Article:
Keyword
in
Collection
Date
to
Download Folder

0 items

Houstonian 1989
Issues
Citation
MLA
APA
Chicago/Turabian
Students of the University of Houston. Houstonian 1989 - Issues. Special Collections, University of Houston Libraries. University of Houston Digital Library. Web. September 18, 2014. http://digital.lib.uh.edu/collection/yearb/item/22668/show/22594.

Disclaimer: This is a general citation for reference purposes. Please consult the most recent edition of your style manual for the proper formatting of the type of source you are citing. If the date given in the citation does not match the date on the digital item, use the more accurate date below the digital item.

Students of the University of Houston. Houstonian 1989 - Issues. Houstonian Yearbook Collection. Special Collections, University of Houston Libraries. Retrieved from http://digital.lib.uh.edu/collection/yearb/item/22668/show/22594

Disclaimer: This is a general citation for reference purposes. Please consult the most recent edition of your style manual for the proper formatting of the type of source you are citing. If the date given in the citation does not match the date on the digital item, use the more accurate date below the digital item.

Students of the University of Houston, Houstonian 1989 - Issues, Houstonian Yearbook Collection, Special Collections, University of Houston Libraries, accessed September 18, 2014, http://digital.lib.uh.edu/collection/yearb/item/22668/show/22594.

Disclaimer: This is a general citation for reference purposes. Please consult the most recent edition of your style manual for the proper formatting of the type of source you are citing. If the date given in the citation does not match the date on the digital item, use the more accurate date below the digital item.

URL
Embed Image
Compound Item Description
Title Houstonian 1989
Creator (LCNAF)
  • Students of the University of Houston
Caption The Houstonian is the official yearbook of the University of Houston.
Subject.Name (LCNAF)
  • University of Houston
Language English
Format (IMT)
  • image/jpeg
Digital Collection Houstonian Yearbook Collection
Digital Collection URL http://digital.lib.uh.edu/collection/yearb
Repository Special Collections, University of Houston Libraries
Repository URL http://info.lib.uh.edu/about/campus-libraries-collections/special-collections
Use and Reproduction This image is in the public domain and may be used freely. If publishing in print, electronically, or on a website, please use the citation button above. To request higher resolution images, please use the Request High Res button above.
File name index.cpd
Item Description
Title Issues
Creator (LCNAF)
  • Students of the University of Houston
Caption The Houstonian is the official yearbook of the University of Houston.
Subject.Name (LCNAF)
  • University of Houston
Repository Special Collections, University of Houston Libraries
Use and Reproduction This image is in the public domain and may be used freely. If publishing in print, electronically, or on a website, please use the citation button above. To request higher resolution images, please use the Request High Res button above.
File name yearb_1989_270.jpg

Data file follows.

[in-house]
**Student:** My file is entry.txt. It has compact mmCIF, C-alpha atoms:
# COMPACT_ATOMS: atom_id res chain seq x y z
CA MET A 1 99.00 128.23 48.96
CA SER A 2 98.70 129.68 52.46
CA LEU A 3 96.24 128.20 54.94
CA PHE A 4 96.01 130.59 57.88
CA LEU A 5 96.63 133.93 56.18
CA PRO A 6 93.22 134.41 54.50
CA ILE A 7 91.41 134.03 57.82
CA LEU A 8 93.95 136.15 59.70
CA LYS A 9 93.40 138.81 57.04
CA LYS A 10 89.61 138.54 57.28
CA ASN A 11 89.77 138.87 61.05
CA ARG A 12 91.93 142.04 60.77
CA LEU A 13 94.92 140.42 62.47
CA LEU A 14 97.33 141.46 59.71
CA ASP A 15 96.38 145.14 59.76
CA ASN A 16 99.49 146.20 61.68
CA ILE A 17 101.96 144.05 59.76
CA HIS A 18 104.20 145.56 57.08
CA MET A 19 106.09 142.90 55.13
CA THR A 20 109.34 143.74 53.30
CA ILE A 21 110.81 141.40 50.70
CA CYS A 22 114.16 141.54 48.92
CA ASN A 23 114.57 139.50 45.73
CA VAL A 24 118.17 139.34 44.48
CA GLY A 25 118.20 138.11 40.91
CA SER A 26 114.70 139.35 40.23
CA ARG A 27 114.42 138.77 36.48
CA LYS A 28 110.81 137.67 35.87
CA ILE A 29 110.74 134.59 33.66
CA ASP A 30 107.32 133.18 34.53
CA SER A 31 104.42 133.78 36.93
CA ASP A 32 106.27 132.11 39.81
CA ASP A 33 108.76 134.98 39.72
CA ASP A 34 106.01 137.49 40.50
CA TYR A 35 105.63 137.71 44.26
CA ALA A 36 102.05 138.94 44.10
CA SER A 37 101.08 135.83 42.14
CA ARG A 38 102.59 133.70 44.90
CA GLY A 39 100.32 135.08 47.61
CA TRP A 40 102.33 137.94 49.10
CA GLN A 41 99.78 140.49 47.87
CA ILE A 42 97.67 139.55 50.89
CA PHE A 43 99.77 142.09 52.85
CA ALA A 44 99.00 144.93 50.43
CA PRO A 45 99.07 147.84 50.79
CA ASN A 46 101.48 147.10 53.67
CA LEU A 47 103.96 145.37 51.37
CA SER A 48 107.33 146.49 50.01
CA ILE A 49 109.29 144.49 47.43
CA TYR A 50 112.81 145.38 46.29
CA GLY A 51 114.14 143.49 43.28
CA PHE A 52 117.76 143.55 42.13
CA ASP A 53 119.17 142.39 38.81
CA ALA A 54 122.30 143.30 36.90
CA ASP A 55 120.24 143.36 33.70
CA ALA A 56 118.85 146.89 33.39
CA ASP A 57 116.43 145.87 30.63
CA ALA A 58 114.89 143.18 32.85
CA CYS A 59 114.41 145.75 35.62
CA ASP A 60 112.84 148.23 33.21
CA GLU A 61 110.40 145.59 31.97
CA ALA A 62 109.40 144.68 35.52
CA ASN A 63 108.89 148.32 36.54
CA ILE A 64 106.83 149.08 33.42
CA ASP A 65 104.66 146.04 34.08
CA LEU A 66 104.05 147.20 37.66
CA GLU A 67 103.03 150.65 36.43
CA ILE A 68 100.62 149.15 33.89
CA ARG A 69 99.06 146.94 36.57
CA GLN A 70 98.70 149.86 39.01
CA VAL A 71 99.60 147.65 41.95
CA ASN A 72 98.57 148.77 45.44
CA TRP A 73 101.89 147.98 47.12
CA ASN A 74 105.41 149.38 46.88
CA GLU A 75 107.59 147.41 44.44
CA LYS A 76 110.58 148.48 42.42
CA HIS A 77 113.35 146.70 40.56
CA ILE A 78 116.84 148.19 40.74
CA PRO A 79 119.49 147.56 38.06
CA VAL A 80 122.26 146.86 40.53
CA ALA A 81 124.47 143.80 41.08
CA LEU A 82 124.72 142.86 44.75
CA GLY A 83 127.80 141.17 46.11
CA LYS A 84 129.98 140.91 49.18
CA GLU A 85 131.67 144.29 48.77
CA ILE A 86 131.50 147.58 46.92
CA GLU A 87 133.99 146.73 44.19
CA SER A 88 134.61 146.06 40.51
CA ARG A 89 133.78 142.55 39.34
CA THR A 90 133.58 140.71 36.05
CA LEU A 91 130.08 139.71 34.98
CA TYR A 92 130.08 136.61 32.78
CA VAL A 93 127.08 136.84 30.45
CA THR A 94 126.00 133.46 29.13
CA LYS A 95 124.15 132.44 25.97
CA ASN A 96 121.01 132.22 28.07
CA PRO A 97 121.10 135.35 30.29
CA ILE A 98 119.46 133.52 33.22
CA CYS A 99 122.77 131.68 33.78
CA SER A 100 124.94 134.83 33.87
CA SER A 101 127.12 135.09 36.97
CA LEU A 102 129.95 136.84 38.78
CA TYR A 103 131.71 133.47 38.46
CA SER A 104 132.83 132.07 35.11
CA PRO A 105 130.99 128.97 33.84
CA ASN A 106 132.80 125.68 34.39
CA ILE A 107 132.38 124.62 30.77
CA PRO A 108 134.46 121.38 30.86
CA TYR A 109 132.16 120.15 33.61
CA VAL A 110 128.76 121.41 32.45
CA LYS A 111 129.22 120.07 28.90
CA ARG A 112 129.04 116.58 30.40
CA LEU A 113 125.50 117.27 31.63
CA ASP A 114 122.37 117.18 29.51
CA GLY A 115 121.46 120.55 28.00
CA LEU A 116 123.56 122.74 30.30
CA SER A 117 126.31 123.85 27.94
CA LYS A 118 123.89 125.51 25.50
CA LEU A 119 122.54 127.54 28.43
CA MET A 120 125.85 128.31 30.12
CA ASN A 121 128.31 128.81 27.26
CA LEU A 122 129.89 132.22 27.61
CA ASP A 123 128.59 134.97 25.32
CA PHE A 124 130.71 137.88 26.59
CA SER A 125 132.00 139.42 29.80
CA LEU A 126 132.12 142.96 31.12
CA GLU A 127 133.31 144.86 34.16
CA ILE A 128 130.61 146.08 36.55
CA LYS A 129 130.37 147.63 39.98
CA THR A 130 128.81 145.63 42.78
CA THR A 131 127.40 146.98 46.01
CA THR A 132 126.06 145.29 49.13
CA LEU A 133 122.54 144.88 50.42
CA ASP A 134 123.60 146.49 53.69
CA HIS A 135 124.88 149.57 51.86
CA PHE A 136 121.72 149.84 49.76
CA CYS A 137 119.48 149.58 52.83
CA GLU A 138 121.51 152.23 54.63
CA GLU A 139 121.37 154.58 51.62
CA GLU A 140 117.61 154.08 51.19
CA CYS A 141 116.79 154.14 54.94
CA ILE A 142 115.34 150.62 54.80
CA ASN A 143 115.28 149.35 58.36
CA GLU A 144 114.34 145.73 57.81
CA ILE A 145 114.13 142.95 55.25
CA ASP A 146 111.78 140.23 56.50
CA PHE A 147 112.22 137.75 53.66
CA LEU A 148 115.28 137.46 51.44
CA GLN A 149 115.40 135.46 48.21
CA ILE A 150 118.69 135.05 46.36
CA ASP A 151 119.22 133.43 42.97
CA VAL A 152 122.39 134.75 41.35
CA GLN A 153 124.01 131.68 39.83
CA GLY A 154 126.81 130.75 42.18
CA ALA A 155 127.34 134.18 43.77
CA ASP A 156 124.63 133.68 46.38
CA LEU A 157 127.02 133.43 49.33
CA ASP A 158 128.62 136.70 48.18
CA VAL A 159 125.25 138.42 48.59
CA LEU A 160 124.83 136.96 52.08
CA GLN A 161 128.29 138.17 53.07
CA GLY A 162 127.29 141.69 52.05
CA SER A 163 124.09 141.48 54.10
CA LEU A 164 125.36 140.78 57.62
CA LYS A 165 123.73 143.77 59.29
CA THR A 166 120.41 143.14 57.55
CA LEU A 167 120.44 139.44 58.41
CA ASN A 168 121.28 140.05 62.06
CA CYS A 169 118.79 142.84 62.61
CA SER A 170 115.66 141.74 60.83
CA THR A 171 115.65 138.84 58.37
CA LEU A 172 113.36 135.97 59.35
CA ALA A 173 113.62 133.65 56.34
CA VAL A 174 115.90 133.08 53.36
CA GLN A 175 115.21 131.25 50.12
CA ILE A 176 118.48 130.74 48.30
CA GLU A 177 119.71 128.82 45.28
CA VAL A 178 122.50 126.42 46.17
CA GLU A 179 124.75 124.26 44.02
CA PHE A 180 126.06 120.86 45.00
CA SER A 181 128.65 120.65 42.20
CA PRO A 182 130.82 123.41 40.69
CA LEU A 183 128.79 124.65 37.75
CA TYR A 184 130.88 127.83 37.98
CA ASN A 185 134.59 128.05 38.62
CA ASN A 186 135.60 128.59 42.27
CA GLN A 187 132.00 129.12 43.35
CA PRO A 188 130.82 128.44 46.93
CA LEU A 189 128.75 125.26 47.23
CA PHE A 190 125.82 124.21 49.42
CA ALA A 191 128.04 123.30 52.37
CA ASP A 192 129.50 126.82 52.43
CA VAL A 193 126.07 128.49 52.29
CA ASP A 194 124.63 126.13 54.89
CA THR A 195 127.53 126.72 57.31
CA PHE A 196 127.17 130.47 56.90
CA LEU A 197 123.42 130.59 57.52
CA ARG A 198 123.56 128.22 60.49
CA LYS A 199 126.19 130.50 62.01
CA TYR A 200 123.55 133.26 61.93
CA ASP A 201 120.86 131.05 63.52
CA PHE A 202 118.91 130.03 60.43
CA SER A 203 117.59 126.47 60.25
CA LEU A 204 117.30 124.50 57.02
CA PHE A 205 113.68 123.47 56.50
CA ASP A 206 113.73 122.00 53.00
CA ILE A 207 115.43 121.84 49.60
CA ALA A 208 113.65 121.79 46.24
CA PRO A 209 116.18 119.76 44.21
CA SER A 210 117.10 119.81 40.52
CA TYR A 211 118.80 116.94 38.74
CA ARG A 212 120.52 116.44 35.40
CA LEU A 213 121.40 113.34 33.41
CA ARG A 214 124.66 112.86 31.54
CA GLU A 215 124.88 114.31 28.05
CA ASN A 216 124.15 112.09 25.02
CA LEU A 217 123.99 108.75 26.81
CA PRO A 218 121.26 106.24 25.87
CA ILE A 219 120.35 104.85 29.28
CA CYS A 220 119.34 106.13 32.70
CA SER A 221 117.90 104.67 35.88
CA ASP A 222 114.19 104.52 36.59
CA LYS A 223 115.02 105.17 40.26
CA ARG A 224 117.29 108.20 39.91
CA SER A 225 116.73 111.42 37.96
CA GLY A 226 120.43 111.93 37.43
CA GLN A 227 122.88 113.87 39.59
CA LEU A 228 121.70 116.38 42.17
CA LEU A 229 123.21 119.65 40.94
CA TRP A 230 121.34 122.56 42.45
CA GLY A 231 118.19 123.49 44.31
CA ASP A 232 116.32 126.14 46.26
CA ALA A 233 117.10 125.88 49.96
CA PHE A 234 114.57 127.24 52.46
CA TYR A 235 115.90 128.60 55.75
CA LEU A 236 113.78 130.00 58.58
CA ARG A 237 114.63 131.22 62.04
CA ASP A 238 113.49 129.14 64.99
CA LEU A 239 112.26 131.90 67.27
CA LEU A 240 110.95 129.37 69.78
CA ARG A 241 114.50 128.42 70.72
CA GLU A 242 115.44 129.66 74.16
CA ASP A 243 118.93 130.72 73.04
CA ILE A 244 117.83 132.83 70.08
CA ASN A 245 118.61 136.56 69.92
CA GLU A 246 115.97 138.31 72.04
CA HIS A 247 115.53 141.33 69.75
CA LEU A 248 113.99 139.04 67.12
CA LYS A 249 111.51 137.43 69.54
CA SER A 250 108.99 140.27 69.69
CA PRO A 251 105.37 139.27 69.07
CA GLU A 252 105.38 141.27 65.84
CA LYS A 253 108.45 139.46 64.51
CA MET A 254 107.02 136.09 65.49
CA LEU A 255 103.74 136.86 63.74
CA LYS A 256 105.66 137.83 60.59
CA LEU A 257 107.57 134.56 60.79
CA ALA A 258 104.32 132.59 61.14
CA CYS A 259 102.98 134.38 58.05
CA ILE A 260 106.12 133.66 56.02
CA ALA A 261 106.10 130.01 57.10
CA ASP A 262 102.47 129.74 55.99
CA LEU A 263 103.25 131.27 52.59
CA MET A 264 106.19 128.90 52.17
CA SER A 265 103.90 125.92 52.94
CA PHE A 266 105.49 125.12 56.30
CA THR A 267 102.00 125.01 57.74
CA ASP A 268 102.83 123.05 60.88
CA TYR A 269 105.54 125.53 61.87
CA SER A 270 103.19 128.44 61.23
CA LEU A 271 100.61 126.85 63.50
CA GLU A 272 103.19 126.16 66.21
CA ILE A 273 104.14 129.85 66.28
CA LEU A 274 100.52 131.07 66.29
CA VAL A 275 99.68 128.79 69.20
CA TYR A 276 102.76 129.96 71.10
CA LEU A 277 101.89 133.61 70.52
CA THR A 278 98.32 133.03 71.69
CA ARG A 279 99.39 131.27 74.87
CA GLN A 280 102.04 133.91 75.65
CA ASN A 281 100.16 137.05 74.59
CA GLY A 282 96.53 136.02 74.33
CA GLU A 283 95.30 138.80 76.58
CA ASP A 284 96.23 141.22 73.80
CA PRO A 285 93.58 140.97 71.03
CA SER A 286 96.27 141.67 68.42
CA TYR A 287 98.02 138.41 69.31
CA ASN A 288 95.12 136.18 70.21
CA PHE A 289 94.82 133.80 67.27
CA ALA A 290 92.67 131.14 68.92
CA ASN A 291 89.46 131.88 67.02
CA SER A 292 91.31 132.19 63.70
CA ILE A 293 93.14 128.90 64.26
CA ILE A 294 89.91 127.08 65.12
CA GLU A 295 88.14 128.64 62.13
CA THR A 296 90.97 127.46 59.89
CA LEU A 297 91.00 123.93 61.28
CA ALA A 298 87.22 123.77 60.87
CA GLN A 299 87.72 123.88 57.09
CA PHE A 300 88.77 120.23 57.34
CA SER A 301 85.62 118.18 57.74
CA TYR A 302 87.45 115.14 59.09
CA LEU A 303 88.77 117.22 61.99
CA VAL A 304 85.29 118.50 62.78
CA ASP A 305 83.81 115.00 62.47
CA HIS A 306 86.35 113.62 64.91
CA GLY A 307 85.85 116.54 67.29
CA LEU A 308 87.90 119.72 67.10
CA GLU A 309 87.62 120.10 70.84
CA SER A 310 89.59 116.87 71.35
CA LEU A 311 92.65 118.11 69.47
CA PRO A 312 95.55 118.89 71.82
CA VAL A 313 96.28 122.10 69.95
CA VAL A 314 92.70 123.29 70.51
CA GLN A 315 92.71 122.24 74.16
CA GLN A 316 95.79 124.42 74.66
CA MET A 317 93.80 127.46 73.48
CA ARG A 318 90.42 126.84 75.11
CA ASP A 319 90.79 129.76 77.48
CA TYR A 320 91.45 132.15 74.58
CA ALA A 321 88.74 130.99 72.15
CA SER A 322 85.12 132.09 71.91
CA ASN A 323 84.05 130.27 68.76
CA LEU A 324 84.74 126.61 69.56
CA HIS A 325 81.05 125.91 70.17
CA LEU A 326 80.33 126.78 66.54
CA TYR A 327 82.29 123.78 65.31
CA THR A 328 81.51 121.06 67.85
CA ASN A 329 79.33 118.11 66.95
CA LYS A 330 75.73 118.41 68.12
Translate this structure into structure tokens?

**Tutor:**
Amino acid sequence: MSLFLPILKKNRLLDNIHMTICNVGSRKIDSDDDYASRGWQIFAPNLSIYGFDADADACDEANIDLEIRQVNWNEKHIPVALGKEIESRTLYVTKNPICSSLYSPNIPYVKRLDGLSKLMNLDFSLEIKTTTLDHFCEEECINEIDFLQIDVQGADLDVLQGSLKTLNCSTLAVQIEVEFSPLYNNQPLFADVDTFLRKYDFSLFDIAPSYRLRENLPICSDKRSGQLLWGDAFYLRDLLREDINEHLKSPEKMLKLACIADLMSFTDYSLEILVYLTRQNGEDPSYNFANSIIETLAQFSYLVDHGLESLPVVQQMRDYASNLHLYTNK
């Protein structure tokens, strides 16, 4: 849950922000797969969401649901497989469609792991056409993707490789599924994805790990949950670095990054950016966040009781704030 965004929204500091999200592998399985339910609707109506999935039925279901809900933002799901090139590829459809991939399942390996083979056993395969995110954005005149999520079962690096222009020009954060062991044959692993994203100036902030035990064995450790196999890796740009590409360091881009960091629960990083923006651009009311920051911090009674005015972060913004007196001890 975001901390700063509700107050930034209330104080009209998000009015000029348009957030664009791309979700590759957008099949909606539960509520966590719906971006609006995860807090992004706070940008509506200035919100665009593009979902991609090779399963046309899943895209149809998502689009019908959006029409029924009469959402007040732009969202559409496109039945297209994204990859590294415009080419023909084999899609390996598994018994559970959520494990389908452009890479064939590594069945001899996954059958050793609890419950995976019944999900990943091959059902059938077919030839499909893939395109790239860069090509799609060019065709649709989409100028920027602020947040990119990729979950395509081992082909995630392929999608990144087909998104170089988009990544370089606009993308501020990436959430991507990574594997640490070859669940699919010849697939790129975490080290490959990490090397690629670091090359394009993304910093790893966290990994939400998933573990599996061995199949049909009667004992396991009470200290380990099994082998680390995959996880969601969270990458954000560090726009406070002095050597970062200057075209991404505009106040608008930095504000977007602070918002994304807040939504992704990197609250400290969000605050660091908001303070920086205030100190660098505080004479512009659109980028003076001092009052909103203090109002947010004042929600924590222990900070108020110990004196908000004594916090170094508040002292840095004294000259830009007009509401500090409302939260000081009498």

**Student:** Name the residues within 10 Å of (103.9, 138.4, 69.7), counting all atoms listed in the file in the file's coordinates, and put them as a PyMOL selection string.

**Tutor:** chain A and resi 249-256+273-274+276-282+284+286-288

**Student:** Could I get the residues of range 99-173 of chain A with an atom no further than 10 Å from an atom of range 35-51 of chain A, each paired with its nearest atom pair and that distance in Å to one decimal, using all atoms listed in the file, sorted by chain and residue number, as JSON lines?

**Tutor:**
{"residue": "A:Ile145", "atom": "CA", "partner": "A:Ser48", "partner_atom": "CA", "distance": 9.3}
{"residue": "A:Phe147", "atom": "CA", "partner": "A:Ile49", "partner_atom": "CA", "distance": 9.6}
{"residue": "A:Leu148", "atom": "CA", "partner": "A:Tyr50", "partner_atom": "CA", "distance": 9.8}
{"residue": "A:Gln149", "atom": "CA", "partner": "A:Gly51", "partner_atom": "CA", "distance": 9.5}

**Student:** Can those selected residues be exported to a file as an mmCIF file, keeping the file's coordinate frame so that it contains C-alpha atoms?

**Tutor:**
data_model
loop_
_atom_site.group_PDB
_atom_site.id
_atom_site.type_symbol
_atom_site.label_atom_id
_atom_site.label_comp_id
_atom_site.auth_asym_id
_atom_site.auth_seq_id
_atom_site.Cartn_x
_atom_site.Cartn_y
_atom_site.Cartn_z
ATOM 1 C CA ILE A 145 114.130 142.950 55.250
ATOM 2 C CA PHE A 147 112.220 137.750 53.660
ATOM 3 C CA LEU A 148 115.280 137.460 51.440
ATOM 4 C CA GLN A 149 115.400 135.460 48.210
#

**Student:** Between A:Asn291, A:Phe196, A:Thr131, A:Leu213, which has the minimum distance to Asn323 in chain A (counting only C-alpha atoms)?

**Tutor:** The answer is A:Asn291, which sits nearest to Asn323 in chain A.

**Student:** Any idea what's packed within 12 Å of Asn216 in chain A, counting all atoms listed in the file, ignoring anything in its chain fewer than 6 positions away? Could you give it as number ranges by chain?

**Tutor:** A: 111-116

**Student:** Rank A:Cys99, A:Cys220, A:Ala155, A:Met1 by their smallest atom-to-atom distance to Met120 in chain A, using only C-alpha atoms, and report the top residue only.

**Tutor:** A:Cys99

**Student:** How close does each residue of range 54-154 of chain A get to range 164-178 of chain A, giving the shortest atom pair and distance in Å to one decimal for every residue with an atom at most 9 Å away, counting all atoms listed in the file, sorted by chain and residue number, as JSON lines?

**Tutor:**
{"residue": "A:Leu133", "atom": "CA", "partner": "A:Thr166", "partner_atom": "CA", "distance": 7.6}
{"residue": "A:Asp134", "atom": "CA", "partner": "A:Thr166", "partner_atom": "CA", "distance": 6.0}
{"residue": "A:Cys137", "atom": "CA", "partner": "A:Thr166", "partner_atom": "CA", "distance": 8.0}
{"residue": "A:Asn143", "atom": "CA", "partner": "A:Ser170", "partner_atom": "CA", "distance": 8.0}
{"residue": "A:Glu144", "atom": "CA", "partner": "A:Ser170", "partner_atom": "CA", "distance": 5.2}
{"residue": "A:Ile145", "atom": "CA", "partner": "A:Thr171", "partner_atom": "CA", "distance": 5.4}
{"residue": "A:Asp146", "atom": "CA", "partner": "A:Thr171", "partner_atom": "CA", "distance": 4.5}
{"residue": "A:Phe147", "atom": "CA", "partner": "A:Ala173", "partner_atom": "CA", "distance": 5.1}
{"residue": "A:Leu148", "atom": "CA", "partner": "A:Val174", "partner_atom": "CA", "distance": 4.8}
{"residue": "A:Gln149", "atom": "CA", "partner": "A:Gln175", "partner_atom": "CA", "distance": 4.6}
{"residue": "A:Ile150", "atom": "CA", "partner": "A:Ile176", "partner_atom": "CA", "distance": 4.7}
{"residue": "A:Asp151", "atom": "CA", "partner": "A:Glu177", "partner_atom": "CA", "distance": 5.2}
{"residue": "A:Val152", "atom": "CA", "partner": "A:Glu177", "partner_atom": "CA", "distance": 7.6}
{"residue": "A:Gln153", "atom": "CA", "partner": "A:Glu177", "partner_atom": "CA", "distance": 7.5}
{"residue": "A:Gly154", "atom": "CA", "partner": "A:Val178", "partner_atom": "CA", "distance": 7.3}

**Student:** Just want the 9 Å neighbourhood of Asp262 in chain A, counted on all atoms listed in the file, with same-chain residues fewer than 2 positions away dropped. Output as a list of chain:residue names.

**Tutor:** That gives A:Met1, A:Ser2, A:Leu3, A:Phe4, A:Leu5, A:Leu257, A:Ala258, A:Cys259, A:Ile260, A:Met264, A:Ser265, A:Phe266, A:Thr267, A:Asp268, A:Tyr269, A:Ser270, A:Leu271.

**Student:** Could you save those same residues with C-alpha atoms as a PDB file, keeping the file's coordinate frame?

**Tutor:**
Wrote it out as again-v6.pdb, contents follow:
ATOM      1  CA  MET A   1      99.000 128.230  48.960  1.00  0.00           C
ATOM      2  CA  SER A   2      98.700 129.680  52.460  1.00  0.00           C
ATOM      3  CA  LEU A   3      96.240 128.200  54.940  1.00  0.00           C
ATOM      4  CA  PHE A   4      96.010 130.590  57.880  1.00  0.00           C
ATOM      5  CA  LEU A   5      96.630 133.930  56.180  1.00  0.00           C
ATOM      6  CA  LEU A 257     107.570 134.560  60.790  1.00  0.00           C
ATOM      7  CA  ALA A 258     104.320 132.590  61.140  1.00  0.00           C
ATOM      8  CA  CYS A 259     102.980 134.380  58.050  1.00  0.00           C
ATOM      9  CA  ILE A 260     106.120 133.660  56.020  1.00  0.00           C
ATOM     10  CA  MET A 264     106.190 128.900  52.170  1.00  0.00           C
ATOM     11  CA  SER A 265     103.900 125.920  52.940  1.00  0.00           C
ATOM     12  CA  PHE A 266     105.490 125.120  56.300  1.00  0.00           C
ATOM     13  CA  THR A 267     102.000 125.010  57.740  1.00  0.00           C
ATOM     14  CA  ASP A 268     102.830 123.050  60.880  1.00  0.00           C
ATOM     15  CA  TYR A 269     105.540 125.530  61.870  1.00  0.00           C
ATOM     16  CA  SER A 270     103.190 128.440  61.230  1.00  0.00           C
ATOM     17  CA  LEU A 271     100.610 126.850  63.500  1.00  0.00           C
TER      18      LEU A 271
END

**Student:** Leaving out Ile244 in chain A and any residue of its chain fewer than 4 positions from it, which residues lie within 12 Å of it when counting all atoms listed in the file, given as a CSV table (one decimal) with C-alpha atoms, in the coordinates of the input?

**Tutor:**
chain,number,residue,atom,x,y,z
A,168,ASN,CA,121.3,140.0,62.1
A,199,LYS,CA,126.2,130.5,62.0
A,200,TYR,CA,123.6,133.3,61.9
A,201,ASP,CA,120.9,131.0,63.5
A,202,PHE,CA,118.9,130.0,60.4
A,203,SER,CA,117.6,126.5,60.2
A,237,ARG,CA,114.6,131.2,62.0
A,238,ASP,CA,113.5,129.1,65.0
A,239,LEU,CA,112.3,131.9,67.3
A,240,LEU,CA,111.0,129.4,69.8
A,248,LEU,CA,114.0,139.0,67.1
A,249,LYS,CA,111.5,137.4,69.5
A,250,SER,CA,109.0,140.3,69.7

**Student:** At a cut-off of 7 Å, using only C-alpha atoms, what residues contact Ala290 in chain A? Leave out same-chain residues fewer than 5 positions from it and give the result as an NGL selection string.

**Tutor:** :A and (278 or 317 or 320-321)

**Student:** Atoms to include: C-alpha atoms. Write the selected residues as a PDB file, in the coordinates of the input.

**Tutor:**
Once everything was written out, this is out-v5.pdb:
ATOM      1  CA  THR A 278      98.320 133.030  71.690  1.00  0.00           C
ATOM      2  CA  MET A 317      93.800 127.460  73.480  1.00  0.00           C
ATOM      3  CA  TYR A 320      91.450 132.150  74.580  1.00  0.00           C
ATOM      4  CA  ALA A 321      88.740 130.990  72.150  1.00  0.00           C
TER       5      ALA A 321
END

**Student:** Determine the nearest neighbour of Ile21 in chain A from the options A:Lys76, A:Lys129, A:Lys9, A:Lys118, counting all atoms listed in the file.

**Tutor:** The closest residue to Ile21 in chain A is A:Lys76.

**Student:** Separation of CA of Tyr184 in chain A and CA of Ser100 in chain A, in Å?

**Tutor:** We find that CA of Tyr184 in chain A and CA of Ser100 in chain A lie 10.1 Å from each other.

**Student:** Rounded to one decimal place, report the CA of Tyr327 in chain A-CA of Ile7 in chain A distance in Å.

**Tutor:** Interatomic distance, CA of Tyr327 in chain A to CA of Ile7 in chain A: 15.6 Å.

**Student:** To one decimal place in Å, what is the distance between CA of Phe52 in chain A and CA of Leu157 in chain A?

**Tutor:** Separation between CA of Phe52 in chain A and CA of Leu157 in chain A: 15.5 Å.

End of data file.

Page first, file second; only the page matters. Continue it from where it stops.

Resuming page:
Transcript These numbers seem clearly in favor of nuclear energy's useage. But, one problem that has not been addressed is that of nuclear energy's waste products. Idaho Governor Cecil Andrus, a former Secretary of the Interior, found a way to deal with the influx of other states' nuclear waste products. He ordered state police to stop any shipments of nuclear wastes from military or civilian reactors from entering the state. According to an article in the October 31, 1988 issue of Time magazine, "Since 1952 some 75 percent of the defense industries' low level radioactive brew has been depositied in 120,000 drums and 11,000 boxis on a 'temporary' basis at the Idaho National Engineering Labratory, waiting for a new federal Waste Isolation pilot plant near Carlsbad, New Mexico, to open." posal, the French have been no more successful than we. Any solution one nation finds for this major problem will quickly be handed over to every nuclear — powered nation on the globe. Solutions to atomic energy's disposal problems and generation safety problems is a constant concern of not only the average citizen but scientist the world over. The "hottest" idea, that would solve a lot of problems in nuclear energy has been around for millions of years — FUSION! Fussion is the process which the Sun opperates on. Instead of splitting atoms to derive energy for heat, atoms are fused together. There is no radioactive waste to contend with, and no need to refuel. The only problem — the heat generated by fussion is so great that no substance known to man can contain the The problem of nuclear waste is one not only for today, but our long- range future. Critics of nuclear energy are quick to point out that the U.S. has generated thousands of metric tons of "HOT" debris. Enough high and low level nuclear waste has been generated, according to them, that a football field could be piled 300 feet thick. This is not a prob- lem to be taken lightly. Even with government regulation, radioactive waste has ended up in community dumpsites and other non-liscensed waste sites. The U.S. is not alone in this problem. Other nations like France, have been experimenting with a molten glass/nuclear waste combination that they hope will allow the residual heat to escape. But as for actual sites of dis- BUILDING A BETTER NUKE Standard water-cooled reactor Proposed gas-cooled reactor Unless it is cooled by constantly circulating water, the fuel in the single large reactor can melt into an uncontrollable mass Nuclear^vfifip^ reactor 7lfi! \building Four separate reactor units v^ use fuel in such small -- quantities'that it cannot melt down under any circumstances Reactor building To guard against cooling failures, the plant is equipped with multiple sets of bafckup pipes, valves andgenerators^ In the event of a power failure or mechanical problem, the j, ; helium gas will continue to^ cool theTeactoSnibact Solid uranium fuel is packed in long metal rods that can melt at high temperatures, releasing deadly radiation TIME Diagram by Joe Lertola Ura^K fueljffl Grains of fuel too small to ~ Jv; reach temperatures higher/^ than 3,000°F are encapsulated in ceramic spheres that can • withstand 3,300° Fuel container Uranium Coating reaction. As other areas of energy generation are explored, Americans like the rest of the world look for what the future holds. For now, we see fossil fuels polluting our world and wait for radiation to seep into our drinking water. And we continue to demand more and cheaper electricity — regardless of the long run damage it causes. What ever the future holds for us, is yet to be seen. Let us pray that it is a future where children can run and play in a green sunny world void of the harm we have brought on ourselves. ► Wm. Allen Manning. TIME, JANUARY 2, 1989 Nuclear Energy ■ 319